Open

Coming up

Don't miss

Replay


LATEST SHOWS

AFRICA NEWS

Nigeria mosque blast: Scores die in attack during prayers in Kano

Read more

THE WORLD THIS WEEK

Sarko Bites Back: Ex-President Determined to Reclaim UMP Leadership

Read more

THE WORLD THIS WEEK

No Deal: Iran Nuclear Talks End Without Agreement

Read more

FASHION

"Cloakroom Vestiaire Obligatoire" a tender and hypnotic performance by Tilda Swinton and Olivier Saillard.

Read more

FRANCE IN FOCUS

Learning the language of love

Read more

AFRICA NEWS

Burkina Faso: Calls for probe into 1998 murder of journalist

Read more

FOCUS

Is this the end of Hong Kong's 'Umbrella Movement'?

Read more

#THE 51%

France marks 40th anniversary of abortion laws

Read more

#TECH 24

Virtual insanity? Artist to 'experience life' through Oculus Rift headset for 28 days

Read more

Indian prime minister seeks confidence vote

Latest update : 2008-07-10

A proposed nuclear deal between India and the United States has weakened support for Prime Minister Manmohan Singh among his communist allies, prompting Singh to ask for a vote of confidence.

 

NEW DELHI - Indian Prime Minister Manmohan Singh on Thursday sought a vote of confidence in his government after his communist allies withdrew their support in protest against a nuclear deal with the United States.

 

The date of the parliamentary vote will be announced on Friday. Singh met President Pratibha Patil after the government’s former communist allies had demanded the vote.

 

“Dr. Manmohan Singh called on the president today,” said a statement from the president’s office. “He stated that he and his cabinet colleagues are keen to seek a vote of confidence as early as possible.”

 

Singh’s four-year-old government has secured the backing of the regional Samajwadi Party, but it is unclear if the ruling coalition has enough votes for a parliamentary majority.

 

A defeat for the government in a confidence vote would trigger an early election, probably destroying chances of the nuclear pact going ahead and sparking political uncertainty as the country struggles with record inflation and rising interest rates.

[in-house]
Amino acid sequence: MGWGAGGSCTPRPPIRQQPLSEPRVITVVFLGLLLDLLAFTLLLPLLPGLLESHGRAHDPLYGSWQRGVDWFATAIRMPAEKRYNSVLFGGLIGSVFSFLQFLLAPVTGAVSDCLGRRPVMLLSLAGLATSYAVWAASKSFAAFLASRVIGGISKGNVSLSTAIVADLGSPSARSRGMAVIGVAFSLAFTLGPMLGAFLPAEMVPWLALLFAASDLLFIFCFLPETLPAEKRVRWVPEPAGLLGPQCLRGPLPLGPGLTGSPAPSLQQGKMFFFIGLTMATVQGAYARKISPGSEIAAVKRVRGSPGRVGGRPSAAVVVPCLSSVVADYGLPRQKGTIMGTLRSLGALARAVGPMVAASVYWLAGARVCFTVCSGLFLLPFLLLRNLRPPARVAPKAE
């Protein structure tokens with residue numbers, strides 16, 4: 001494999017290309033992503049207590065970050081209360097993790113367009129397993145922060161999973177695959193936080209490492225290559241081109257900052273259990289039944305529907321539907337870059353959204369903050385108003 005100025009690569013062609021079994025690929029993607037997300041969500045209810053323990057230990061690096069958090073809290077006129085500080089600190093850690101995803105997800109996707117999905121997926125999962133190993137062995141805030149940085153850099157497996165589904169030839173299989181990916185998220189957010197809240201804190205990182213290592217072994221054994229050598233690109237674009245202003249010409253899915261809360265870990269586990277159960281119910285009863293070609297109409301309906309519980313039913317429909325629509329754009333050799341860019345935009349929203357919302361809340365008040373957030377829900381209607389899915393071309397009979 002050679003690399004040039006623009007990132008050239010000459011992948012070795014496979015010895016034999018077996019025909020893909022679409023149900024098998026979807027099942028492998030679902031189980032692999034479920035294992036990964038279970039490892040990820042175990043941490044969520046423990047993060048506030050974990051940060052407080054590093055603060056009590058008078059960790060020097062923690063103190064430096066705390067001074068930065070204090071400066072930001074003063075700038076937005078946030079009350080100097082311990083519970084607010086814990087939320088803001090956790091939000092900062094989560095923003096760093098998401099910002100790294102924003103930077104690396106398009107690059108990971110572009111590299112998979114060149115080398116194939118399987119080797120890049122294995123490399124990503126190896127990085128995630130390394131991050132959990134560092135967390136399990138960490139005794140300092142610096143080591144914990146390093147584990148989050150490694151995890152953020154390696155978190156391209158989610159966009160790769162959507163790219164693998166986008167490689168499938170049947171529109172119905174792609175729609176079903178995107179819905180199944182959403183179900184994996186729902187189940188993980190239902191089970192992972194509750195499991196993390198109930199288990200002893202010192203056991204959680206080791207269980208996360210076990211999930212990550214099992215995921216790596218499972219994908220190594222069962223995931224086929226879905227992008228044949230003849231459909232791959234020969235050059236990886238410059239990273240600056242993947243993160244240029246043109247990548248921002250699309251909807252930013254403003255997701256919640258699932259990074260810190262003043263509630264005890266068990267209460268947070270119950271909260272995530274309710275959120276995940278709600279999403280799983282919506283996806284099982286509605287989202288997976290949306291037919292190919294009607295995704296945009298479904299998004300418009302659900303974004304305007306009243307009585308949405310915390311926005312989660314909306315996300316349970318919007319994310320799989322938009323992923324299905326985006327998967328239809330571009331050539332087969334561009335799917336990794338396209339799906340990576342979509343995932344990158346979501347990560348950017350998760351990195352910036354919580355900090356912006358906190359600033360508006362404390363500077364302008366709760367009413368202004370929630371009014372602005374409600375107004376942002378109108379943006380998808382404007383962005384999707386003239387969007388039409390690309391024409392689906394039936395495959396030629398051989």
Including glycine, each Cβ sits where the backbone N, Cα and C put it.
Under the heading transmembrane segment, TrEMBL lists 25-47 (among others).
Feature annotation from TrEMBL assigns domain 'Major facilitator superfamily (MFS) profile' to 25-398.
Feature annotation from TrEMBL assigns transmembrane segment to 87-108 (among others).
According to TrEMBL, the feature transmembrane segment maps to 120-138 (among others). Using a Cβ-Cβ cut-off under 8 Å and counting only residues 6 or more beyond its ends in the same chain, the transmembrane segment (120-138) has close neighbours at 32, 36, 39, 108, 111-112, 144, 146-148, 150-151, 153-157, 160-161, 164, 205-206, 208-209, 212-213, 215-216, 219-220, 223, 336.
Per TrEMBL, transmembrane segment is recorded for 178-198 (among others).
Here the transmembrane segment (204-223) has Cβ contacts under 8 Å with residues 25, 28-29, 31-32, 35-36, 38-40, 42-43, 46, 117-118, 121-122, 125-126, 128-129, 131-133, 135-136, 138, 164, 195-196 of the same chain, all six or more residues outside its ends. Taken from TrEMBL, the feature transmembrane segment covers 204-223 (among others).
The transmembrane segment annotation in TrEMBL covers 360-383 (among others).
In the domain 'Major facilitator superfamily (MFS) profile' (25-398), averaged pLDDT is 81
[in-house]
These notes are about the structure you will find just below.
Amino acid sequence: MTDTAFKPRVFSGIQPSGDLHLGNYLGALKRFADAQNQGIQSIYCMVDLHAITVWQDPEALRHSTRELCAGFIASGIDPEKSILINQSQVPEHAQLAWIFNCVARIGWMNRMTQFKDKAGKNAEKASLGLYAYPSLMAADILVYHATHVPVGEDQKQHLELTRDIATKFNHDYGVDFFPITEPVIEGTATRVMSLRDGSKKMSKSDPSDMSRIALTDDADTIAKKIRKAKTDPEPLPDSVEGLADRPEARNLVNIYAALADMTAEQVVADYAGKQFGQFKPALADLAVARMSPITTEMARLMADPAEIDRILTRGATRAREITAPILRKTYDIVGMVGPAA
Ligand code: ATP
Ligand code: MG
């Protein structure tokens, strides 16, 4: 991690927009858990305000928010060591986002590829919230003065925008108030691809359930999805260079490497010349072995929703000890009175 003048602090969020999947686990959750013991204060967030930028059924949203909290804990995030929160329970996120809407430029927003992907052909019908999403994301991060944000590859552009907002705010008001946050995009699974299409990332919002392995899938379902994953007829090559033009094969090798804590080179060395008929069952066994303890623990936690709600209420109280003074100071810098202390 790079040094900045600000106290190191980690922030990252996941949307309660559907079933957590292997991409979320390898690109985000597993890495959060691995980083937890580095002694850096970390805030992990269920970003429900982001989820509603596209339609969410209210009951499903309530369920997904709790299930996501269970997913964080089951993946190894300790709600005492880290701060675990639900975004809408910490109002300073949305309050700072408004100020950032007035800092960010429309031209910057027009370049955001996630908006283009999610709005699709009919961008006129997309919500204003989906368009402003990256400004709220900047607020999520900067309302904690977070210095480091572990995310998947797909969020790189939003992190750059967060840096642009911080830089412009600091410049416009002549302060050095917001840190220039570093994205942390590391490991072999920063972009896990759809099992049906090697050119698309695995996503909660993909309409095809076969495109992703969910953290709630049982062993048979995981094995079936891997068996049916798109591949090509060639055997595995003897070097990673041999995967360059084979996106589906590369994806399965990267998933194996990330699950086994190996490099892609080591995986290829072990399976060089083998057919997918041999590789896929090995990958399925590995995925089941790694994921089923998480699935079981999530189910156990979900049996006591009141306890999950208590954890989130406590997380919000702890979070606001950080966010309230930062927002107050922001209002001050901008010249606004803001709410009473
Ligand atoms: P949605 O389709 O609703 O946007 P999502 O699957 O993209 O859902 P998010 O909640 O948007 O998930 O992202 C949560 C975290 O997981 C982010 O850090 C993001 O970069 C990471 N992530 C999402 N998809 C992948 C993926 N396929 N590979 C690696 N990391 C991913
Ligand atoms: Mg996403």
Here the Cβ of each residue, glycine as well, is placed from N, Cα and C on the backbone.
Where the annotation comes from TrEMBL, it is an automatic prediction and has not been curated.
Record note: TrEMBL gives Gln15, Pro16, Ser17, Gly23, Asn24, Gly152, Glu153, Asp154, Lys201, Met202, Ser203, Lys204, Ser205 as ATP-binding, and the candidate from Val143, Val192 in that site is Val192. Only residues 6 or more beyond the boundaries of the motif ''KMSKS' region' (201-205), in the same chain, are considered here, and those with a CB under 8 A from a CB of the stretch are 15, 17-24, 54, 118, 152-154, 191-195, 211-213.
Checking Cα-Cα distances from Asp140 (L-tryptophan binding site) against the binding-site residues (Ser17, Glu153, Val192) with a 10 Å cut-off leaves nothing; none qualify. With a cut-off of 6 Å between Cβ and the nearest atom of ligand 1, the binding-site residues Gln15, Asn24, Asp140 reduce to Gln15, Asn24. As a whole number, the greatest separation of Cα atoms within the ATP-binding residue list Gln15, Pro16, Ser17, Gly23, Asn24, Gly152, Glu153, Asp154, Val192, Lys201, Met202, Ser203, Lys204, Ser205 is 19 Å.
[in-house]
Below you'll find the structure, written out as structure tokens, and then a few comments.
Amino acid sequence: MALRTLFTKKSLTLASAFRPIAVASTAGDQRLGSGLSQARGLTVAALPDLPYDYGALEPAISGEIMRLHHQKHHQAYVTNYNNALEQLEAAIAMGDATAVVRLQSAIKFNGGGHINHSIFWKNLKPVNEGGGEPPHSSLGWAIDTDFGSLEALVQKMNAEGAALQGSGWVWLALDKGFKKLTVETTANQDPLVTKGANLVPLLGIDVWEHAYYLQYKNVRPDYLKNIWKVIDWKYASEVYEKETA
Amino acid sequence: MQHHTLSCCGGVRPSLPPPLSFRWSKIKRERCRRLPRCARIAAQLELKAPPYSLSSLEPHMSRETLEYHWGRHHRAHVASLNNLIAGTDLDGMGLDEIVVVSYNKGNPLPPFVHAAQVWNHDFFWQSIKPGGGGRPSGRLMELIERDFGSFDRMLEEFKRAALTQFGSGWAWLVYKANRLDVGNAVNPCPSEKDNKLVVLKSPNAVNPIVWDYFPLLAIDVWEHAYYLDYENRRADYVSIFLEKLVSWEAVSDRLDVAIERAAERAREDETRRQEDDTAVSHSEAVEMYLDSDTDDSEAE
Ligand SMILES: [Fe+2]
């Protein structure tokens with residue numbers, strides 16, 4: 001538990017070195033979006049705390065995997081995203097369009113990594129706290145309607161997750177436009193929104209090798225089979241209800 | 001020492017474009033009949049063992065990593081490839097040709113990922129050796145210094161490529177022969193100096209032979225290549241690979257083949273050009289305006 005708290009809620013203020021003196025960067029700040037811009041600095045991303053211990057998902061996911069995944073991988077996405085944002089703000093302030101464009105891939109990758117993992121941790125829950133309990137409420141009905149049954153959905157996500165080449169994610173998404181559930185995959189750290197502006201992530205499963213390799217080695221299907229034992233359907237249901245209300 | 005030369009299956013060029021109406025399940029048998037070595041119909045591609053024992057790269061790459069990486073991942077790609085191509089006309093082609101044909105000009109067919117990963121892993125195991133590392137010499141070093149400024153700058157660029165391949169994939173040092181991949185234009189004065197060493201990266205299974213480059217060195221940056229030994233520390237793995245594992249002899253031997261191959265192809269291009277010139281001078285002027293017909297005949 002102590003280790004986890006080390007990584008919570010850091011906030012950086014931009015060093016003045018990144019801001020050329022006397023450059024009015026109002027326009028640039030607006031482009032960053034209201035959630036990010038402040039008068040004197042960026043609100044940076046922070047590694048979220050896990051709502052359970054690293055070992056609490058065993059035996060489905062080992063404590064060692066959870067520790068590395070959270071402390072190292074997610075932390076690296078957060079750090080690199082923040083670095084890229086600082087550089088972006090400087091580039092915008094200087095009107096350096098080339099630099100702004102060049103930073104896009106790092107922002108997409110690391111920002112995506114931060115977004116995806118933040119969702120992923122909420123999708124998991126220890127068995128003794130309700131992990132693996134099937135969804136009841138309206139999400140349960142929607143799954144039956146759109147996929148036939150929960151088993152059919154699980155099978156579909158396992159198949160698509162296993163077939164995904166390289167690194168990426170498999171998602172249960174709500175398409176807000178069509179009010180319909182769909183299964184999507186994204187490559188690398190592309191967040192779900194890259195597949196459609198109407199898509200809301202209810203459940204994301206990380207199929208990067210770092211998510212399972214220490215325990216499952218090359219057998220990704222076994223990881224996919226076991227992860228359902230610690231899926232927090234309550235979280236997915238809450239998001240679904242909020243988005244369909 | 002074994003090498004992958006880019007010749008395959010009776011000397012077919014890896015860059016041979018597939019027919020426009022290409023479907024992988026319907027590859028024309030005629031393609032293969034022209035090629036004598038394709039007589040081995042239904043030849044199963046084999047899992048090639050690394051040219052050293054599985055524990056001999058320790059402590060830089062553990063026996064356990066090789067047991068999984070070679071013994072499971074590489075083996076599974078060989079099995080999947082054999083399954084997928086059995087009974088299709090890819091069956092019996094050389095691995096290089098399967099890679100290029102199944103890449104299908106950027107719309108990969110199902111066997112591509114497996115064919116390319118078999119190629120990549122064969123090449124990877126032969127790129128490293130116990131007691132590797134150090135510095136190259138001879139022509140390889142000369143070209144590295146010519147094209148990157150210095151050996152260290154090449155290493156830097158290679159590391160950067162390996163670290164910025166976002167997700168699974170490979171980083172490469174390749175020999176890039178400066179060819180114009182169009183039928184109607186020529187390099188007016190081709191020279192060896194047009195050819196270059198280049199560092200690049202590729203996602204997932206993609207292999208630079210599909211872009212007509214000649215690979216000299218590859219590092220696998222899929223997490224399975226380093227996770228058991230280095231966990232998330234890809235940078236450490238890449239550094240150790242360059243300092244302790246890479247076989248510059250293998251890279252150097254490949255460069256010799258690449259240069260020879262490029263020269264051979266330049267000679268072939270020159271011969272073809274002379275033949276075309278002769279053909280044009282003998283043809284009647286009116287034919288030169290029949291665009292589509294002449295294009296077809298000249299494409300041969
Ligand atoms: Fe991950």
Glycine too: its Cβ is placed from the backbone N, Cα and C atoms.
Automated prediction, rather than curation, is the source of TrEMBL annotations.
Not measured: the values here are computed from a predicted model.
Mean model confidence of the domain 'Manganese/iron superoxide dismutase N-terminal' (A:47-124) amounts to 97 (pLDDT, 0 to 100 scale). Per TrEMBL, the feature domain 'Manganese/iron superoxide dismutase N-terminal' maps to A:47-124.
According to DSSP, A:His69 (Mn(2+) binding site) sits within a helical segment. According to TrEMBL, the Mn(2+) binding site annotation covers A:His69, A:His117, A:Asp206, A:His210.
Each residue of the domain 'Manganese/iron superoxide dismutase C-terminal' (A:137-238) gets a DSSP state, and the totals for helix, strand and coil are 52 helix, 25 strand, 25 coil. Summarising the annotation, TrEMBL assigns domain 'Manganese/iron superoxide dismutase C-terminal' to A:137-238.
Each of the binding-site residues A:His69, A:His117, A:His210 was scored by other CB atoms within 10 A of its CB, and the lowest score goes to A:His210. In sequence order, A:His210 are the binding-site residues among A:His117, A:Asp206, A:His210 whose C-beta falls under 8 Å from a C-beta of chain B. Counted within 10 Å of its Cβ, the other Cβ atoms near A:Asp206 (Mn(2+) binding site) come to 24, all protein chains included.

The government needs several votes from other smaller parties and must hope there is no rebellion within the ranks of the Samajwadi Party against the nuclear deal, which critics say gives the United States too much influence over India.

 

India’s 543-member house includes scores of small parties from dozens of ethnic groups and castes, making it unclear whether the government has the necessary support.

 

Indian markets were hit last week by the uncertainty but have since welcomed the communists’ exit. Signs of stability helped prevent sharp losses in the Indian rupee on Thursday.

 

The nuclear pact’s approval would be a victory for Singh, giving India access to U.S. resources and technology and moving the Asian giant’s trade and diplomatic relations closer to the West as it seeks fuel sources for a booming, trillion-dollar economy.

 

India has submitted a draft plan to the International Atomic Energy Agency (IAEA) detailing how India’s civilian nuclear facilities would be monitored internationally, a crucial step to finalising a deal first agreed in 2005 between Singh and U.S.  President George W. Bush.

 

The IAEA board of governors is expected to meet later this month to consider India’s nuclear document.

Date created : 2008-07-10

COMMENT(S)